15 March 2010

From Cayenne to Paramaribo

Left: Title page of an interesting work about La Condamine found in the Archives of Cayenne.
Right: First page of the "Relation abrégé d'un voyage fait dans l'intérieur de l'Amérique méridionale....etc." , of which I have been reading a 1981-edition, also found in the Archives.

12/3. Friday. In the morning we first went to the "Archives de la Ville de Cayenne". Asking for information about La Condamine we were kindly given a "Travail écrit supplémentaire" by M. Kristen Sarge (rechercheur), entitled "Charles de La Condamine (1701-1774) et les Guyanes: Ses derniers jours dans le Nouveau Monde". Then they told us there was another book to be found in a nearby building "Bibliothèque Franconie". This appeared to be a little booklet with beautiful drawings (aquarelles) about the voyage, entitled: "En descendant la Rivière des Amazones". I hope the booklet can still be purchased.
In the Bibliothèque we met Sylvie Pappalardo, director of the Bibliothèque, Phil Boré, writer of travel guides of Guyana and Suriname, and Philippe Guyot, director of the Archives, who all gave us useful information. Later we bought Phil's interesting, little book "Balades aux Suriname".

A charming, little booklet about La Condamine's voyage.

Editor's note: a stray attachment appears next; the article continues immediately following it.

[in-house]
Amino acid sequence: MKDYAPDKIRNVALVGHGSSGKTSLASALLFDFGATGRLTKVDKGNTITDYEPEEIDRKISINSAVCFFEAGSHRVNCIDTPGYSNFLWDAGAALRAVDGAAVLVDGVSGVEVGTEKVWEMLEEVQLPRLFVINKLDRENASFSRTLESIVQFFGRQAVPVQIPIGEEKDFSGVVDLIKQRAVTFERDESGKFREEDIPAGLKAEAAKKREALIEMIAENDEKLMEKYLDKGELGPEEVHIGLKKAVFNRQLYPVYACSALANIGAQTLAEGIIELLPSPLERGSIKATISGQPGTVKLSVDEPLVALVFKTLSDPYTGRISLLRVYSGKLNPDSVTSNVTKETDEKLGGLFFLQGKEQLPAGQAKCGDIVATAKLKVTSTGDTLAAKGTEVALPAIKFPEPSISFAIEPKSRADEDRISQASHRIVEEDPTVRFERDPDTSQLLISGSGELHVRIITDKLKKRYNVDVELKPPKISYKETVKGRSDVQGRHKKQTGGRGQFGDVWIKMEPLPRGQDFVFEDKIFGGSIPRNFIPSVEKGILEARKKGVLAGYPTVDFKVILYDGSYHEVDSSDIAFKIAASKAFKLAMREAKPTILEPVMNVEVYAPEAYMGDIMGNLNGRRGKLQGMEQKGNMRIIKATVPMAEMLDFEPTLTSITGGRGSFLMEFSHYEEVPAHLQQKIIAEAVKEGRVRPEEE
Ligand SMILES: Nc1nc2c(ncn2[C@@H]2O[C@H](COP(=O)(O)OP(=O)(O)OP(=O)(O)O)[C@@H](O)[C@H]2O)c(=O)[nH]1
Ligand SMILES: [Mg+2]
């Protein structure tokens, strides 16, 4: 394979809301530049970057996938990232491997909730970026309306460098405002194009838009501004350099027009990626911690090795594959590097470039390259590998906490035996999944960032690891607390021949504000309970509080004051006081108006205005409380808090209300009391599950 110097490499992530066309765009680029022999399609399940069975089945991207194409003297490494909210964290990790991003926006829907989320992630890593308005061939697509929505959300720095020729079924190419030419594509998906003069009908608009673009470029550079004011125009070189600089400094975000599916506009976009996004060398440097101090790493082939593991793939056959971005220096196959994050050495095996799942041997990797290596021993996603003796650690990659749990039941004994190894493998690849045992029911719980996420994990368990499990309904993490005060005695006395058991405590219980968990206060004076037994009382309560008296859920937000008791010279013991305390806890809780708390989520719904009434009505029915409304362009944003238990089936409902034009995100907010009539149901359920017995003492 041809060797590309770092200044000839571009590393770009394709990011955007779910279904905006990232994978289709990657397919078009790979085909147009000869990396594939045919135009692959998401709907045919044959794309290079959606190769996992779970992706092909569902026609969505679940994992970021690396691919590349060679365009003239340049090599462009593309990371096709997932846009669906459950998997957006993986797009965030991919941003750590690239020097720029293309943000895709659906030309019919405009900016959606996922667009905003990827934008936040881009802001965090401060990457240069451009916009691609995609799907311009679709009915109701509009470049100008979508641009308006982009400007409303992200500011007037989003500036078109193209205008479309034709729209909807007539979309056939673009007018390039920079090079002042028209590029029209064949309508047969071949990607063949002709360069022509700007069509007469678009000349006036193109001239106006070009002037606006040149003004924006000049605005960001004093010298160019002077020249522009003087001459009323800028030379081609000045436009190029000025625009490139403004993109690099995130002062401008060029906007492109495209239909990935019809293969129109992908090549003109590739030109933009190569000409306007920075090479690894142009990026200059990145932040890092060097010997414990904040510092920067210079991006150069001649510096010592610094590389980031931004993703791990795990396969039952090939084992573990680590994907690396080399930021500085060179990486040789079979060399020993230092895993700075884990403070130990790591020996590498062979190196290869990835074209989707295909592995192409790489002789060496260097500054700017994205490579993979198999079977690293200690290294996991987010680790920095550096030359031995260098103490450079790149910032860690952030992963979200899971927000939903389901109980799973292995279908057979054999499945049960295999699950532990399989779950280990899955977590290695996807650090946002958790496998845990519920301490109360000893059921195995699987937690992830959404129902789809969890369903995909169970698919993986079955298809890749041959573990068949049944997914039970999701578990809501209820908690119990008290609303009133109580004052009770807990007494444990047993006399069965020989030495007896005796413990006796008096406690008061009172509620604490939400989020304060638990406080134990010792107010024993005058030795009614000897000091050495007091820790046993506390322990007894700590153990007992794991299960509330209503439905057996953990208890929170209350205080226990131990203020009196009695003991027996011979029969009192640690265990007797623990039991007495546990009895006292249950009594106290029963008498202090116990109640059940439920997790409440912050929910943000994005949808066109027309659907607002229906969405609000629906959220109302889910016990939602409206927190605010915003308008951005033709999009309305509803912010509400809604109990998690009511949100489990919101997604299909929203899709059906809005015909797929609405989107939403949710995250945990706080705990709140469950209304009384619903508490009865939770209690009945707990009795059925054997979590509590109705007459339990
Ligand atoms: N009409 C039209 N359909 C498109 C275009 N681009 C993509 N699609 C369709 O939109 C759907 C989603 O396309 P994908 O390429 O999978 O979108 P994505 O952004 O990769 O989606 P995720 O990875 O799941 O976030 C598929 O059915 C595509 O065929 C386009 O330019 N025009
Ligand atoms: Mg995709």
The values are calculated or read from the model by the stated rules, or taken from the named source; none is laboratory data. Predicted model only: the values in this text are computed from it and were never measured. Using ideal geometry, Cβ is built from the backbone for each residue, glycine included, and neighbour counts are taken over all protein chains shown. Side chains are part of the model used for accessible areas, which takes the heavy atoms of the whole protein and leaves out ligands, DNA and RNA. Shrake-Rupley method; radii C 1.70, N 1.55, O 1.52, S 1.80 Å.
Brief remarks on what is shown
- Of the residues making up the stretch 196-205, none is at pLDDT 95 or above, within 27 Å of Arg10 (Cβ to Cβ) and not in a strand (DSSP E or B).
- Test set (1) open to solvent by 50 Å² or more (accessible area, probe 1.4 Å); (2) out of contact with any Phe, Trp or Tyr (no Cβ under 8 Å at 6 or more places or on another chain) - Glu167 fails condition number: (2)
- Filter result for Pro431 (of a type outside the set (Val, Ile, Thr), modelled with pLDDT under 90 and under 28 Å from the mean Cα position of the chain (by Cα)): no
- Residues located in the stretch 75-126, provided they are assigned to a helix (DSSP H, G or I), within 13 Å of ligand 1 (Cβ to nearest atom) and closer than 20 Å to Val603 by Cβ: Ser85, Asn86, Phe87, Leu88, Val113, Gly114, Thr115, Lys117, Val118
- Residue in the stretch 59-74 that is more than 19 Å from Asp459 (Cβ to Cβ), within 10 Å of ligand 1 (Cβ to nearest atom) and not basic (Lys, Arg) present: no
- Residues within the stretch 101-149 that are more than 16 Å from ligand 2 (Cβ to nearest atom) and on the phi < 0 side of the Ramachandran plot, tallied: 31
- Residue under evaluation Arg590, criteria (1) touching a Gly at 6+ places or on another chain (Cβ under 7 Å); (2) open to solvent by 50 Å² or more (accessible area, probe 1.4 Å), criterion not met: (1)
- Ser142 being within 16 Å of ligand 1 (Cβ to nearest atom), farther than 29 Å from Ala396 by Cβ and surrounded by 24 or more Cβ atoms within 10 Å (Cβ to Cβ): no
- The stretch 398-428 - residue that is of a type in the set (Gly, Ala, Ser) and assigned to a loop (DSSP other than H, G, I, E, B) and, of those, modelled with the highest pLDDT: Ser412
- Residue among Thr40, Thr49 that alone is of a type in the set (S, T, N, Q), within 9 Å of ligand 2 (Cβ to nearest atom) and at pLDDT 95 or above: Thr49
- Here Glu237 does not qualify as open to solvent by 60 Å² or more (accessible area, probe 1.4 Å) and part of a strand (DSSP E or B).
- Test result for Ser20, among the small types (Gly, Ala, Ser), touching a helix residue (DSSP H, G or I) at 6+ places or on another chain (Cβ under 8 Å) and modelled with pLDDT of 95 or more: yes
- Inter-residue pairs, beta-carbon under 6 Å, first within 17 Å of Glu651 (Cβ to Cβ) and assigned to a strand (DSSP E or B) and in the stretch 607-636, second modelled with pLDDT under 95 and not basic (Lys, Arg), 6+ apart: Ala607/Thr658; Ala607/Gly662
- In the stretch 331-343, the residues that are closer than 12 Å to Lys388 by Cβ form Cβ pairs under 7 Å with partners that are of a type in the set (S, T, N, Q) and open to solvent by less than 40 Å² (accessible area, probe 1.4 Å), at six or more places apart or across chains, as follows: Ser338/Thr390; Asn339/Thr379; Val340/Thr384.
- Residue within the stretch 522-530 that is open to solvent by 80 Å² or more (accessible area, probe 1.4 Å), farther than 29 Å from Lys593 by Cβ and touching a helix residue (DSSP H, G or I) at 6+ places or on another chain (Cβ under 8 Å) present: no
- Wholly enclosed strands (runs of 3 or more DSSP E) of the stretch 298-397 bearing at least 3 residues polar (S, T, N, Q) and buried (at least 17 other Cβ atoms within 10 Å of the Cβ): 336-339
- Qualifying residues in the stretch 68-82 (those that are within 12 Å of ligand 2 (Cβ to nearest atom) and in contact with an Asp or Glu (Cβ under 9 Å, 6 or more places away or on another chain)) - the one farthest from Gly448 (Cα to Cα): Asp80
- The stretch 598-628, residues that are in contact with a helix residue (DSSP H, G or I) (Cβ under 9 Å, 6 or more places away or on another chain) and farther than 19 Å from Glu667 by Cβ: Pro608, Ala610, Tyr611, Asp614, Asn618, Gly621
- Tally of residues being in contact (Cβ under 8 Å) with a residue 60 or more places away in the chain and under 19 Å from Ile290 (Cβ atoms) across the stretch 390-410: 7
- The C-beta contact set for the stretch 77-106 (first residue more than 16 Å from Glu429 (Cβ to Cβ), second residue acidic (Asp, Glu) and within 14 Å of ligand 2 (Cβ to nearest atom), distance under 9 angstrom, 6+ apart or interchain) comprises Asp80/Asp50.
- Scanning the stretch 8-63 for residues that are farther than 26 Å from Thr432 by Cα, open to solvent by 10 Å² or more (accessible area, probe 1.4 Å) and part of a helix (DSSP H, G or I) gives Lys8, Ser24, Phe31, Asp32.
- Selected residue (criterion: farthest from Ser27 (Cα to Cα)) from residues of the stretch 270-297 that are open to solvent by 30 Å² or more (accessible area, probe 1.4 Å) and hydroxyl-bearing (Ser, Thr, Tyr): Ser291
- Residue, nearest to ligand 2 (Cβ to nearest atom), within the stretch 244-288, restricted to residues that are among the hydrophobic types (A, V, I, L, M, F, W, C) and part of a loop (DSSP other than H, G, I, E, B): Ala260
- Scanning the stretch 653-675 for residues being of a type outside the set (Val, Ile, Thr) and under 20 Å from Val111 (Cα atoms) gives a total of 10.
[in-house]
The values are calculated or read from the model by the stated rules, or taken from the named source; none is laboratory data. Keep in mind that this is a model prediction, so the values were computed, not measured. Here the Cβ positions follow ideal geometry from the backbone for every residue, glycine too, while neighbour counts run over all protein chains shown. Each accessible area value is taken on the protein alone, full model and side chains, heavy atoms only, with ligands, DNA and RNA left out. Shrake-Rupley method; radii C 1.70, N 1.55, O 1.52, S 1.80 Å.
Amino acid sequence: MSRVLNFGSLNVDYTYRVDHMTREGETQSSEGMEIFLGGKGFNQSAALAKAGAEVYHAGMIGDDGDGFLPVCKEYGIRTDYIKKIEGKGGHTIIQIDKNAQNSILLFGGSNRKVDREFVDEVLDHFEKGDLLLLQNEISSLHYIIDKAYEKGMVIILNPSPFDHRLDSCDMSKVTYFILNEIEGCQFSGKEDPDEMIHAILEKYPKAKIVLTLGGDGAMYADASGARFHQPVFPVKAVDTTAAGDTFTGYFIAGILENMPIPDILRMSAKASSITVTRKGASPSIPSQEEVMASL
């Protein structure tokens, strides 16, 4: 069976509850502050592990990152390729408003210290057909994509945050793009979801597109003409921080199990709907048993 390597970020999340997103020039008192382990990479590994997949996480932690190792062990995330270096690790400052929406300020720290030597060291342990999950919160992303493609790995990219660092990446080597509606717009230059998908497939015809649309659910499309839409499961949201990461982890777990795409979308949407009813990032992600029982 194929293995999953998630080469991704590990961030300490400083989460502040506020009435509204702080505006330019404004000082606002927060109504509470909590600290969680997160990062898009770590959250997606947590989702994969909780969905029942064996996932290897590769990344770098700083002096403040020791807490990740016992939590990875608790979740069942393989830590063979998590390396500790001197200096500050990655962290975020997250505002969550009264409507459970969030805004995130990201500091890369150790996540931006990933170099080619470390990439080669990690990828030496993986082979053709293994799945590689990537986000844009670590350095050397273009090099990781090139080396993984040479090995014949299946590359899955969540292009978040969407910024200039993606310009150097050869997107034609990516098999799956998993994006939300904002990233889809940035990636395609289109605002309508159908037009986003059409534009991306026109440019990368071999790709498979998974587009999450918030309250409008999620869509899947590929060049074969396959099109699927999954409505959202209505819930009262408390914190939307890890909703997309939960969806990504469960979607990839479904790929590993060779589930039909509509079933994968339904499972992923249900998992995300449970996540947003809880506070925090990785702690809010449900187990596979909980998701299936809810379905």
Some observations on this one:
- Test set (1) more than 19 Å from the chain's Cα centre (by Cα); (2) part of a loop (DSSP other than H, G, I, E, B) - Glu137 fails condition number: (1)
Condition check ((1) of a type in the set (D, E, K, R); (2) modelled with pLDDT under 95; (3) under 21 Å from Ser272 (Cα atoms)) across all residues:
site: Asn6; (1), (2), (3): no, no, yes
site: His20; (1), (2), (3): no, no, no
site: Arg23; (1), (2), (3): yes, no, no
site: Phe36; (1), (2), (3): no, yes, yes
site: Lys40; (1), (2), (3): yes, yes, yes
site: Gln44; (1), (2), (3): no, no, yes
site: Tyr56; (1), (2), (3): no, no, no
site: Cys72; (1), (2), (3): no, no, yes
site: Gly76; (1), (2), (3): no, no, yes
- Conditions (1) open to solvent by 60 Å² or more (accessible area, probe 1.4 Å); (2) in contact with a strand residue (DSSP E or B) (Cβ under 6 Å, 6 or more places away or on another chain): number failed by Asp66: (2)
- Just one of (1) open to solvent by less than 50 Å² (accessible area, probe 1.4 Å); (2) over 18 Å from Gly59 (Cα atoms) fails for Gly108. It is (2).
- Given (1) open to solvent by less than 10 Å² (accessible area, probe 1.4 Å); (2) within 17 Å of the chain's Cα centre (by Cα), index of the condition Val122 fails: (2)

Phil Boré and Philippe Guyot, at the Bibliothèque Franconie, who gave us useful information about Guyana and Suriname.
In the evening we made a short walk to the fort overlooking peaceful, european Cayenne. In a shop we spoke a Guayanese, who told us that he often went to Paramaribo, because "there was life in that town"....
We ate in our hotel and went early to bed.

View over Cayenne from the fort.

13/3. Saturday. The mini-bus driver had asked us to be ready at 5:15 a.m. He would then pick us up at the hotel. Other people (from Suriname and Paris) were already in the car. After some more stops throughout the still-sleeping, dark town, we drove to the bus station. But there were still two unoccupied places and we understood that we had to wait until new passengers would arrive. Finally, at 8 o'clock we were with 8 people, a CD was installed and with a deafening beat we departed. Songs about trouble, drugs and love-for-love solidly filled the car. But, after a while (did I had become a littlebit deaf?), I thought that I could better understand these troubled people than our highly-educated academicians in the lab of Amsterdam, listening the whole day to whatever music and nonsense the dutch radio was presenting them.....

The bus driver proudly showing me his CD's.

In Iracoubou we had to change our bus. When all luggage was transferred, a third mini-bus arrived. The drivers had a loud "fight" with the result that we had to transfer again to the new bus.  We drove over high-quality roads through beautiful landscapes that reminded us of Suriname and arrived at 11:30 a.m. in St. Laurent at the broad Maroni river (Marowijne). Again we were "attacked" by many Creole people who grabbed at our bsckpacks trying to get us in their boat accross the river to Albina. But we could speak dutch now! We chose one boat, went over to the French police, crossed the river and went to the Suriname custumes. And there Dennis came with Hilbert's brother Louis who happened to be in Suriname. Our journey had ended!

In French Guyana we drove over "european" roads.
Traversing the broad Marowijne river.
In Albina Dennis Chin-a-Foeng came to fetch us: End of the journey.